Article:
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Michelle Obama looks back on her darkest day in the White House

In her new memoir, the former first lady said that after learning about the Sandy Hook tragedy, she and her husband embraced silently in the Oval Office. "There was nothing to say. No words.”
Michelle Obama
Michelle Obama shares how she learned about the Sandy Hook massacre in her new memoir, \"Becoming.\"Nathan Congleton / TODAY
/ Source: TODAY

When she served as the nation’s first lady, Michelle Obama said she and her husband kept their roles strictly separate.

The one exception came the morning of Dec. 14, 2012, when a tragedy so devastating that the nation's commander-in-chief immediately sought his wife for emotional support. It was the massacre of 20 children at Sandy Hook Elementary School in Newtown, Connecticut.

“This would be the only time in eight years that he’d request my presence in the middle of a workday, the two of us rearranging our schedules to be alone together for a moment of dim comfort," Obama recounted in an excerpt she released of her highly anticipated memoir, “Becoming.”

"Usually, work was work and home was home, but for us, as for many people, the tragedy in Newtown shattered every window and blew down every fence,” she wrote. “When I walked into the Oval Office, Barack and I embraced silently. There was nothing to say. No words.”

Obama said by the time she reached her husband, he had been briefed on every “graphic, horrid” detail of the scene. In addition to the children, all ages 6 and 7, the gunman also fatally shot the principal and five other adults at the school before taking his own life.

Obama said the tragedy struck the former president deeply. She described her husband as a doting father, someone who loved to hold babies and who regularly brought children into the Oval Office to show them around. He also volunteered as an assistant coach for their younger daughter's middle school basketball team.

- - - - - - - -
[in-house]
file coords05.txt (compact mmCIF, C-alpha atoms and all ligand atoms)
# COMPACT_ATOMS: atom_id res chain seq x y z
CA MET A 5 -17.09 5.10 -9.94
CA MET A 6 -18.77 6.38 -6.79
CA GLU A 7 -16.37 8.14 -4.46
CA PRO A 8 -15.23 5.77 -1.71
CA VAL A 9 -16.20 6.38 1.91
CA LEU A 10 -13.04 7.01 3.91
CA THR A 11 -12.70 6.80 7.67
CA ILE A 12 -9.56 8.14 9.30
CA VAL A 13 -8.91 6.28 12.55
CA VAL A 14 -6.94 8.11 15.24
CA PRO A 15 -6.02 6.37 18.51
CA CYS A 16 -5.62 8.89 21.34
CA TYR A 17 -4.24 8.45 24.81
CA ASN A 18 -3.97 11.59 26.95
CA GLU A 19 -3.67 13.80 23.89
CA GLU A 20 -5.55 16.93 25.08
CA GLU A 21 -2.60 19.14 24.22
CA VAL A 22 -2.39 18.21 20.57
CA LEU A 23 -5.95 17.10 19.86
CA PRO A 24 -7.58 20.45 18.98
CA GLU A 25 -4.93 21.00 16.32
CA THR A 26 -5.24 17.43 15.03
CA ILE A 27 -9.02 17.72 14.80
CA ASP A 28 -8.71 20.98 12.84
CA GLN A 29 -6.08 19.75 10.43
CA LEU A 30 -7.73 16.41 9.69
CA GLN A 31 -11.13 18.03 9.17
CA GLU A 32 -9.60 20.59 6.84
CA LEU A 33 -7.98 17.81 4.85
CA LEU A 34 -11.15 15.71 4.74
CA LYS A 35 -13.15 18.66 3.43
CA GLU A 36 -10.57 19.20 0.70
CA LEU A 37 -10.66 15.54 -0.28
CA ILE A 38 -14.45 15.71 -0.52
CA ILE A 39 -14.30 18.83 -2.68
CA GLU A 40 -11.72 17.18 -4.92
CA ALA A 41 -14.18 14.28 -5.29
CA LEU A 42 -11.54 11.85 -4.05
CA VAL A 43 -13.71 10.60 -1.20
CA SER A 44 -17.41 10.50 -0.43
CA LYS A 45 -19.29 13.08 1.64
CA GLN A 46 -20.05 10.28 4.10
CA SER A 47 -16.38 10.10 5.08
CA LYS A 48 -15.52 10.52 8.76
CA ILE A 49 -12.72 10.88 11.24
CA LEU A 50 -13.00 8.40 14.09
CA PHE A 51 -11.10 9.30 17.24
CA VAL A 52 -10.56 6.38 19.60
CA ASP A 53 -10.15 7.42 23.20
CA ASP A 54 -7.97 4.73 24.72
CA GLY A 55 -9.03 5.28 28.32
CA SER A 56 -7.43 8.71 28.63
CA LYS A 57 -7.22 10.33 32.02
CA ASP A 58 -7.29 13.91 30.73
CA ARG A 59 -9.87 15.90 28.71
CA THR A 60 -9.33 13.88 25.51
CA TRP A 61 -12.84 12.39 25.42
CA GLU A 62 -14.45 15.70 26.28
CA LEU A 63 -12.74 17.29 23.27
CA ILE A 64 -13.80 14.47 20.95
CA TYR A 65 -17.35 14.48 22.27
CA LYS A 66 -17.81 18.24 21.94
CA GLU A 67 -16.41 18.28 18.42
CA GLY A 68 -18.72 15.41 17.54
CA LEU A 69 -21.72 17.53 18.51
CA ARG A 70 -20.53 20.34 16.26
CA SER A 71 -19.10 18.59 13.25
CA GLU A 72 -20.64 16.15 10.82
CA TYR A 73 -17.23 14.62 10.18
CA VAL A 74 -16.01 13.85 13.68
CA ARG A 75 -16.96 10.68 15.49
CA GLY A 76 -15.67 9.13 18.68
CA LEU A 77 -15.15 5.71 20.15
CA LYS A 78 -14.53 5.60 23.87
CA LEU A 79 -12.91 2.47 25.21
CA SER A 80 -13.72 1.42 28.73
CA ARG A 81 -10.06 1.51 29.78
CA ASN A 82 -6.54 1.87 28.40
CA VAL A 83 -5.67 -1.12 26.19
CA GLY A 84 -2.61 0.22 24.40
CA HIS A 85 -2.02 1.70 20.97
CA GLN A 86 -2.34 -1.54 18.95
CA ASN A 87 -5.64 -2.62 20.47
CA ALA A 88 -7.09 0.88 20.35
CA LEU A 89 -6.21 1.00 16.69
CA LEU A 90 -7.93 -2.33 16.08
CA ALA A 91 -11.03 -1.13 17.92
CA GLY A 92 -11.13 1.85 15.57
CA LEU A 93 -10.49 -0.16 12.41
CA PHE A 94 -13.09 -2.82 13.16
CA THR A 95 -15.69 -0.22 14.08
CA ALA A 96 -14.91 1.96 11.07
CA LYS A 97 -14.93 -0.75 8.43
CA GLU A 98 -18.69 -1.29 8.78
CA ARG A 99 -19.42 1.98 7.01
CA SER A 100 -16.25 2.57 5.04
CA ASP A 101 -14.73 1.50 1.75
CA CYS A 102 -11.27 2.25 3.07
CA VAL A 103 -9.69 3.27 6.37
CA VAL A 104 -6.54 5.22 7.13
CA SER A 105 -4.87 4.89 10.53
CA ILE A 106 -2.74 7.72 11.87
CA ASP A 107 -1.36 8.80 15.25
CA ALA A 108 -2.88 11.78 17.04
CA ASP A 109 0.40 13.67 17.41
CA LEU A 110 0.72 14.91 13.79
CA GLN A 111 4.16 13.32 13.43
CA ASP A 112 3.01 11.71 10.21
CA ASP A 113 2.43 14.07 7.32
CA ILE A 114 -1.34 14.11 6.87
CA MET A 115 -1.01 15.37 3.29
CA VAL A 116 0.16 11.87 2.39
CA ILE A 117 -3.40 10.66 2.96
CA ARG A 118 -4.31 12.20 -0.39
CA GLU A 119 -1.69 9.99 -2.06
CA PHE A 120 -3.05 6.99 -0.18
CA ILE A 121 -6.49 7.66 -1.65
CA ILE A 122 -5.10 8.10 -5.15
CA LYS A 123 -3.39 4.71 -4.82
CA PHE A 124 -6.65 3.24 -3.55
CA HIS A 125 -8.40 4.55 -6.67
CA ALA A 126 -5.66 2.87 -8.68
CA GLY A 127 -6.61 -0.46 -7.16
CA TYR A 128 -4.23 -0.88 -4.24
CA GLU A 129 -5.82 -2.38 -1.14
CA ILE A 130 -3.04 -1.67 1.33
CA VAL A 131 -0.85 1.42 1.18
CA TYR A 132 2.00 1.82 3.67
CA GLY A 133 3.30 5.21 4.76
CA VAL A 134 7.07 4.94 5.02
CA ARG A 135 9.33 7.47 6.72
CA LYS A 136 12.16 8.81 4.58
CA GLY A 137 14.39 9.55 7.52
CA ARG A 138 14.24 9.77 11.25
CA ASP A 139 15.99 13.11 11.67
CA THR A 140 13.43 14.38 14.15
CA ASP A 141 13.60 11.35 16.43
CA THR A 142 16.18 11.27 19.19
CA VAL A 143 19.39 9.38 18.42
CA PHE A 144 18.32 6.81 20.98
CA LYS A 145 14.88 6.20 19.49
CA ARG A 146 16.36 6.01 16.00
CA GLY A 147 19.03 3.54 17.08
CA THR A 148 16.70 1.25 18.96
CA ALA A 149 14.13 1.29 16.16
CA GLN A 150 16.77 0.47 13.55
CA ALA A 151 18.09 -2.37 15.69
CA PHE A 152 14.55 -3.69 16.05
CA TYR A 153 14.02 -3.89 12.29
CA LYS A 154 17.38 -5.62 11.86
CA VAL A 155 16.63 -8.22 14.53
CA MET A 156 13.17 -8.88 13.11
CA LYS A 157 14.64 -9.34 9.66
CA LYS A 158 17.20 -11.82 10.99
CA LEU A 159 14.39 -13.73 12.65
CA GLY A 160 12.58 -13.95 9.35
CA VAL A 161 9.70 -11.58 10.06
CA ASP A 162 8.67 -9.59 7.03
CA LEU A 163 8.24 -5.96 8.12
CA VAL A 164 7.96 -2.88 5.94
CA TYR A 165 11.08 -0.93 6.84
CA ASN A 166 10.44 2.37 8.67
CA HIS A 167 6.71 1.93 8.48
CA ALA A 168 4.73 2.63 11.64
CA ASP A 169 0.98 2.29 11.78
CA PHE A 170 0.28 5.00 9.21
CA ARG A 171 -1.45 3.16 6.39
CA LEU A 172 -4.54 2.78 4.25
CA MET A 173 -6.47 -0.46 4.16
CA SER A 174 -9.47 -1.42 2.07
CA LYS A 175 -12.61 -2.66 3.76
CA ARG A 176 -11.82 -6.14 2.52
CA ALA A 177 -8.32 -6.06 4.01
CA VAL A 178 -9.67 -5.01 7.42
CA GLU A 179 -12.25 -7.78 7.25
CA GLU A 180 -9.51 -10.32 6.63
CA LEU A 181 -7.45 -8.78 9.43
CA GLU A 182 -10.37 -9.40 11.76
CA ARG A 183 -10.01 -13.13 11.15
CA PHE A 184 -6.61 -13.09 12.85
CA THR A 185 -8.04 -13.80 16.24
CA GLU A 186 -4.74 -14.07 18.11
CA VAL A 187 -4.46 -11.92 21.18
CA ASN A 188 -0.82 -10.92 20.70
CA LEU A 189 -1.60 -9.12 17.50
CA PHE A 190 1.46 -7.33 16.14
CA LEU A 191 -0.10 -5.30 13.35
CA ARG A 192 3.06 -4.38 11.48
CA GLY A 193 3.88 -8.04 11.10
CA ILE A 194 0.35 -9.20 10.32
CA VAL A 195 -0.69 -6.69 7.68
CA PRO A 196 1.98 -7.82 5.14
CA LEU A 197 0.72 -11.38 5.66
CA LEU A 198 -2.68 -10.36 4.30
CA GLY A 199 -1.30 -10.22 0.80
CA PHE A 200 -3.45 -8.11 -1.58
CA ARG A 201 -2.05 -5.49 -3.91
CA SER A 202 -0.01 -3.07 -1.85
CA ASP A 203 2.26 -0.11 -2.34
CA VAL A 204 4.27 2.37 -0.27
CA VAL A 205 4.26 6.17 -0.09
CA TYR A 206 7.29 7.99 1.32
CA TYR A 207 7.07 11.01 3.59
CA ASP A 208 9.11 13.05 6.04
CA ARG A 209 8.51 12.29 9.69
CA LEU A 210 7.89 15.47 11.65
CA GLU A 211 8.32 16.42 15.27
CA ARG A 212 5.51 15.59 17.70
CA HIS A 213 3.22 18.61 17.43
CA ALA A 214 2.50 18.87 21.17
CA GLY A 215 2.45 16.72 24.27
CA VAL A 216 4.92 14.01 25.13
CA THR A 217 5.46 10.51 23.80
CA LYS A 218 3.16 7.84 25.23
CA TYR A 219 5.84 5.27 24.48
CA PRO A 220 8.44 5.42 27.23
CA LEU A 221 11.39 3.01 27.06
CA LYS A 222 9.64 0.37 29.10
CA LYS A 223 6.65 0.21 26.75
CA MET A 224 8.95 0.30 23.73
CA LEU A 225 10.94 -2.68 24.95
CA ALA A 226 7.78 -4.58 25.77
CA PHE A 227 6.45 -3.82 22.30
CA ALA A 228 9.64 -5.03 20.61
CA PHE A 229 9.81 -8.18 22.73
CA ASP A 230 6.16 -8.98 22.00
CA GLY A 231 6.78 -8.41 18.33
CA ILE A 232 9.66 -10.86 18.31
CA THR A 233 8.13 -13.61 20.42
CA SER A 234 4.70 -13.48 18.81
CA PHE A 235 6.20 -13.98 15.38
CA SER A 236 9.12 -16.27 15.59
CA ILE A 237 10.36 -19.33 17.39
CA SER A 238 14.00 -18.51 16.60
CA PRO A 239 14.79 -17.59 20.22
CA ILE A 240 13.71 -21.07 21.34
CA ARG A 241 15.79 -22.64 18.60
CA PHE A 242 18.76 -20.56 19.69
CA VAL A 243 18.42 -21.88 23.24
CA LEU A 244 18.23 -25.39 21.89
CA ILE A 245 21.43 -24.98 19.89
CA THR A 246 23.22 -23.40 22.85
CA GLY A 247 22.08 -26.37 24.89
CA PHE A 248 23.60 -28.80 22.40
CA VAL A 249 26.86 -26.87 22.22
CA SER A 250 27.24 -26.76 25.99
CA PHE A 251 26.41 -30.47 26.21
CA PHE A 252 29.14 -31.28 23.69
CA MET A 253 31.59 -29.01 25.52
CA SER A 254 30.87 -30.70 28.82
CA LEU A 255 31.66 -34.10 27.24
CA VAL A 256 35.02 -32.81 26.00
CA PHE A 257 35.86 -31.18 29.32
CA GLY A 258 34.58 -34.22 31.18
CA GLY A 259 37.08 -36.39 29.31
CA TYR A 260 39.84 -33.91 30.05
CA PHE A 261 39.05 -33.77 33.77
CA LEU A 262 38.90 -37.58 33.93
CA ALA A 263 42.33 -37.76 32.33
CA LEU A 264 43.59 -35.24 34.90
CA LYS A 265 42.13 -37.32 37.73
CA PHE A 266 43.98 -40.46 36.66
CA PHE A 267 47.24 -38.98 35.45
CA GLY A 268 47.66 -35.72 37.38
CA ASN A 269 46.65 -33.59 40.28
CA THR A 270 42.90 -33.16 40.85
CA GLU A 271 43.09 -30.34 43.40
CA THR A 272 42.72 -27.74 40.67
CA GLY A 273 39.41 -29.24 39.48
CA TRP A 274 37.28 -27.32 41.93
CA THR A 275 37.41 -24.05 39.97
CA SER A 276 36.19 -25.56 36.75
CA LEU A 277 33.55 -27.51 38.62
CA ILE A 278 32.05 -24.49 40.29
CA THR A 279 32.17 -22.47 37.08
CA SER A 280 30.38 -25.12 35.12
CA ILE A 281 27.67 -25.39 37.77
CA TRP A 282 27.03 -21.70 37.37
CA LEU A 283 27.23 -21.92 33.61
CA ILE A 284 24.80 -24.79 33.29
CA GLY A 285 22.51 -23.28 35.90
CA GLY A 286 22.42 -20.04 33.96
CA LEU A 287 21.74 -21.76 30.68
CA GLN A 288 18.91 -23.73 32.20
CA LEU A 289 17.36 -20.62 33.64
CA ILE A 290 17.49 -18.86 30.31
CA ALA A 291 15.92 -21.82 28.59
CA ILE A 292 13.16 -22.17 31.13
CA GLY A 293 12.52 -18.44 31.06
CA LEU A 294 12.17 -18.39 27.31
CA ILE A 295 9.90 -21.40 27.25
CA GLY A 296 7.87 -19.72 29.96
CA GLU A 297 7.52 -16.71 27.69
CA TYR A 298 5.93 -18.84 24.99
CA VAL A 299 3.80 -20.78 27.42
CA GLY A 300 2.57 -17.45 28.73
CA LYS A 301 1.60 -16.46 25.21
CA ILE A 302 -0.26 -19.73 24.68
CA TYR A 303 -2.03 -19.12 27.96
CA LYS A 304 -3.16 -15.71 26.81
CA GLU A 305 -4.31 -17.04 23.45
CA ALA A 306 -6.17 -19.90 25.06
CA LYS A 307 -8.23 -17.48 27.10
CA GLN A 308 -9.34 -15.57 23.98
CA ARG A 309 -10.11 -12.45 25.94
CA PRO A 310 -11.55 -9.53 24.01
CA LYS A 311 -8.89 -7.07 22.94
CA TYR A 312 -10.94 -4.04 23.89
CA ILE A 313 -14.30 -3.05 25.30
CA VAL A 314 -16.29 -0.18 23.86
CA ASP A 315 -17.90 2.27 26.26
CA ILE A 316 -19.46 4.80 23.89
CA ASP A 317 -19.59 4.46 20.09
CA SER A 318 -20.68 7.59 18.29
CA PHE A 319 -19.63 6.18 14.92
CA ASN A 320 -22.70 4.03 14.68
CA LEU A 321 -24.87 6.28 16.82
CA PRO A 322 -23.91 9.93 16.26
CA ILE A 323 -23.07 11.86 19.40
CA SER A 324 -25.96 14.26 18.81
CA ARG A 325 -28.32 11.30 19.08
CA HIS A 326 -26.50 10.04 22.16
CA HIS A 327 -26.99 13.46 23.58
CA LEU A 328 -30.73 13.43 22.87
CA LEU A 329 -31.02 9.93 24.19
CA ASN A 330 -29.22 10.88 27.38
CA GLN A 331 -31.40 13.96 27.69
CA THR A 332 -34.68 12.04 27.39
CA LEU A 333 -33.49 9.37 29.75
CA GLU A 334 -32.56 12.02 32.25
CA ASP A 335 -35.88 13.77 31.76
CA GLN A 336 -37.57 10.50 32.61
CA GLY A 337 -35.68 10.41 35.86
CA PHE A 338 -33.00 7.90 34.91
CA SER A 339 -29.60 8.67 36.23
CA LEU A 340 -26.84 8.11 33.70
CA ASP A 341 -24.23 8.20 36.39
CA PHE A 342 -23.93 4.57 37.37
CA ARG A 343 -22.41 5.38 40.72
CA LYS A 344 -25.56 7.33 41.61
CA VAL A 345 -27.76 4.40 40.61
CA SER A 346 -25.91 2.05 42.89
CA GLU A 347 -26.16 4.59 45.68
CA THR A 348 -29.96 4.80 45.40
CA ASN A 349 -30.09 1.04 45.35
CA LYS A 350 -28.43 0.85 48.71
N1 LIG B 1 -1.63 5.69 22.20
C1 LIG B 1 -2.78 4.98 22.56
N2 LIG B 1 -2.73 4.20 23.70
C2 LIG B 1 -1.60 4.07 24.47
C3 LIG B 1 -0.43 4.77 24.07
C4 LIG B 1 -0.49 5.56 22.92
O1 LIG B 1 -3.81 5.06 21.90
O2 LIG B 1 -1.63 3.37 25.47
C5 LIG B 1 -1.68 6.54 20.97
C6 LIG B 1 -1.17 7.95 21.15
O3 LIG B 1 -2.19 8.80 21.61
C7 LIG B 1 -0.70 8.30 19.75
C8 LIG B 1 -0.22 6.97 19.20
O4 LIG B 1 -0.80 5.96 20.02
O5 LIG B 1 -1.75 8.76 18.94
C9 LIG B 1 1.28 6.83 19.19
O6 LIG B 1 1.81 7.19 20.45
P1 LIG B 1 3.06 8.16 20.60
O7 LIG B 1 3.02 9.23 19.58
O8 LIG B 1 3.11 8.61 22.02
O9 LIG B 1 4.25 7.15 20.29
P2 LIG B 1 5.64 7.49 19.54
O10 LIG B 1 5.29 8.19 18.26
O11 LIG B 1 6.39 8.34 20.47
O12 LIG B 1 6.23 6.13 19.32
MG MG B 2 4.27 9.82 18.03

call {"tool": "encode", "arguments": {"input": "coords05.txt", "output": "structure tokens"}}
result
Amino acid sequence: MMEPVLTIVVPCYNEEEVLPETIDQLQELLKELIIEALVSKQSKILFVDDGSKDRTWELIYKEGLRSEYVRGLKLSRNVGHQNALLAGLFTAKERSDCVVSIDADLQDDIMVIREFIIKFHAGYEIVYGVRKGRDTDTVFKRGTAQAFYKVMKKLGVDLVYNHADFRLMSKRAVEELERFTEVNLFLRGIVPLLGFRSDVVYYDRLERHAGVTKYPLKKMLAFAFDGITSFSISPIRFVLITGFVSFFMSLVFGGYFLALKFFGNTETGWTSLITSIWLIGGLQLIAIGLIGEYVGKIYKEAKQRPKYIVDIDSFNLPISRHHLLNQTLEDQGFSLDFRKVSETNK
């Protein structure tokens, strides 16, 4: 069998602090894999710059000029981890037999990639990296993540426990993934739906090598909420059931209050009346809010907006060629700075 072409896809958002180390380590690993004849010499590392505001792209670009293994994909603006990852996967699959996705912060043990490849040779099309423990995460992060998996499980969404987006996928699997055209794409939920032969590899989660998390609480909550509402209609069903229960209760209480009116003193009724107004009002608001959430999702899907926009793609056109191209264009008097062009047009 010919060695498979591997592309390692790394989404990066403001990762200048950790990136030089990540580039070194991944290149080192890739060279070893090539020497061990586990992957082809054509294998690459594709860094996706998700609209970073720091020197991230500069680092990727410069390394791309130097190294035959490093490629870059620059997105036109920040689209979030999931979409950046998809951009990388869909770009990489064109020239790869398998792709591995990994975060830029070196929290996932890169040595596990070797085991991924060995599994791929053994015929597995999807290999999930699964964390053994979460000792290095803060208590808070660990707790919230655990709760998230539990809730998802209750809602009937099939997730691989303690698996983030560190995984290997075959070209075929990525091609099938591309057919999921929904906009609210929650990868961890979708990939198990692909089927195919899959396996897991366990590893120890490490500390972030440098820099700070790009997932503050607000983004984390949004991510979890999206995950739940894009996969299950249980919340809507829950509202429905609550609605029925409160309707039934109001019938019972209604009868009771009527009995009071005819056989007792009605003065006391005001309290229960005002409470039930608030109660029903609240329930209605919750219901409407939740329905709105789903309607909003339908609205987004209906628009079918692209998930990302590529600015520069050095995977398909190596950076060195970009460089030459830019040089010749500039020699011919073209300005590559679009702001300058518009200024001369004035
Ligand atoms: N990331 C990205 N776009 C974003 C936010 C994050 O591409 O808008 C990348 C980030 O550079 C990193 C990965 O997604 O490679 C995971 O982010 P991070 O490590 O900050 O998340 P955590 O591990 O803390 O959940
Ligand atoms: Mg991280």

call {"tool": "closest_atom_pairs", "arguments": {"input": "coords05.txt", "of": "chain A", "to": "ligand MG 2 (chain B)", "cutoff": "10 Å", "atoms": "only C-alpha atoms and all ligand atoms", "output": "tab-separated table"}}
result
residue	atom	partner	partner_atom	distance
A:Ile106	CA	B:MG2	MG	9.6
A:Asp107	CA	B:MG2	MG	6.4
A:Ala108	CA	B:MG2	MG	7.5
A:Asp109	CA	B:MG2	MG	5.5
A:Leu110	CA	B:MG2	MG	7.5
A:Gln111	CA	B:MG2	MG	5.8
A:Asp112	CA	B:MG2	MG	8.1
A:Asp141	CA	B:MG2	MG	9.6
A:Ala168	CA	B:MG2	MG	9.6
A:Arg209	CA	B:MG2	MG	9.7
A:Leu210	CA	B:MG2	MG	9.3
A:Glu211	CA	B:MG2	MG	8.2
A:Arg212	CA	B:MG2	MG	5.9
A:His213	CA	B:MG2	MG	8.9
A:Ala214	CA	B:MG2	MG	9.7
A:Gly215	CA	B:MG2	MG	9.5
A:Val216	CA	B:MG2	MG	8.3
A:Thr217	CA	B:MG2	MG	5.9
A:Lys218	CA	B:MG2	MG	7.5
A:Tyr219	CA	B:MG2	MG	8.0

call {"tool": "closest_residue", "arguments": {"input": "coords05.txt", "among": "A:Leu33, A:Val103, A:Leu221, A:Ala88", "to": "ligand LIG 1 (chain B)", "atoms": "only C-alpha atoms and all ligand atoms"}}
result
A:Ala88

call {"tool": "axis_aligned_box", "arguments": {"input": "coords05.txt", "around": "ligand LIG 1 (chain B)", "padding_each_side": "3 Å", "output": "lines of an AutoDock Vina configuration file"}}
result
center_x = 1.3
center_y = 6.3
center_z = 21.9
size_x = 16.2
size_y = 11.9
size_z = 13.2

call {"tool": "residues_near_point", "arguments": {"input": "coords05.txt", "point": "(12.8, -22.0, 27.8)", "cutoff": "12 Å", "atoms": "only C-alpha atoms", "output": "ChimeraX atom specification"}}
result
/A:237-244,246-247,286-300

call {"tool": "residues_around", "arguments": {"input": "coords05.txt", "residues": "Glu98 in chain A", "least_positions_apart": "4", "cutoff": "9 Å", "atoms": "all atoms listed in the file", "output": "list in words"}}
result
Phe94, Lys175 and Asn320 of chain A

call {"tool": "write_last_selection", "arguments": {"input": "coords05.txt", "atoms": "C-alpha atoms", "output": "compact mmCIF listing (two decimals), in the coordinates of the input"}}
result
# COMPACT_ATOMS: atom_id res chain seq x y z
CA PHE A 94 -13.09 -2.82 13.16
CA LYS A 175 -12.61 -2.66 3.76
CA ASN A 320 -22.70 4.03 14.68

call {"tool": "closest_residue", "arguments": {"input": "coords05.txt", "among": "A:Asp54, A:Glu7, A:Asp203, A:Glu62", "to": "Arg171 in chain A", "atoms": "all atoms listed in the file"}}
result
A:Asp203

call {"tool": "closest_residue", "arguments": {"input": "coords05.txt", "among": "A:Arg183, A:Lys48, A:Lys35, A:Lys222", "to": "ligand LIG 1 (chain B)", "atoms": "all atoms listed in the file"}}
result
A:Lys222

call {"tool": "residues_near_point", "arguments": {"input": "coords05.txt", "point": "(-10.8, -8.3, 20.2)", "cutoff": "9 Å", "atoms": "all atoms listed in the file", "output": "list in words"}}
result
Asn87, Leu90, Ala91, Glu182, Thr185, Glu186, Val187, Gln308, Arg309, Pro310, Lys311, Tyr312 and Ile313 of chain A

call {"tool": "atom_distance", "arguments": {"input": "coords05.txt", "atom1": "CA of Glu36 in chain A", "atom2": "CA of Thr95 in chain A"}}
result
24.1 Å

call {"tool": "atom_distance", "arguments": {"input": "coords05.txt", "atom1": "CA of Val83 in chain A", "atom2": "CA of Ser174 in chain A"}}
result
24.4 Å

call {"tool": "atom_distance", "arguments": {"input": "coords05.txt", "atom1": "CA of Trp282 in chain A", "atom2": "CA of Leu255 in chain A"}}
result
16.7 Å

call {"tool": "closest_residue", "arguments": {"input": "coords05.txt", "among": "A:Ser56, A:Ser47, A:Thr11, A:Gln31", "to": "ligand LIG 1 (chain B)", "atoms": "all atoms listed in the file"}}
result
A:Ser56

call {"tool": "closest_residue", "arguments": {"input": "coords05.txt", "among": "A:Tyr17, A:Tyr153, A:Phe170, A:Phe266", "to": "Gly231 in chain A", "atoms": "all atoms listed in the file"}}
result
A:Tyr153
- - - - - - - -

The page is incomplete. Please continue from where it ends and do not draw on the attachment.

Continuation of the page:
“Staying upright after Newtown was probably the hardest thing he’d ever had to do. When Malia and Sasha came home from school later that day, Barack and I met them in the residence and hugged them tight, trying to mask the urgency of our need just to touch them,” the former first lady wrote.

“It was hard to know what to say or not say to our girls about the shooting. Parents all around the country, we knew, were grappling with the same thing.”

Obama described how she regularly found herself trying to provide comfort to others devastated by grief, including people who lost their homes to tornados and other natural disasters. She also tried to console the loved ones of individuals killed in military battles and other mass shootings, including the one inside a Colorado movie theater and a Sikh temple in Wisconsin.

Yet, when her husband left two days after the Sandy Hook shooting to attend a prayer vigil in Newtown, Obama said she couldn't summon the will to join him.

“I was so shaken by it that I had no strength available to lend. I’d been First Lady for almost four years, and there had been too much killing already — too many senseless, preventable deaths and too little action,” she said. “I wasn’t sure what comfort I could ever give to someone whose six-year-old had been gunned down at school.”

In her memoir, one of the most highly anticipated political books in recent memory, Obama also spoke for the first time about her difficult journey to getting pregnant. She shares how she suffered a miscarriage more than 20 years ago and that she eventually conceived her two daughters through in vitro fertilization.

Her older daughter, Malia, is now 20 and a student at Harvard. Her younger daughter, Sasha, is a 17-year-old senior finishing up high school in Washington, D.C.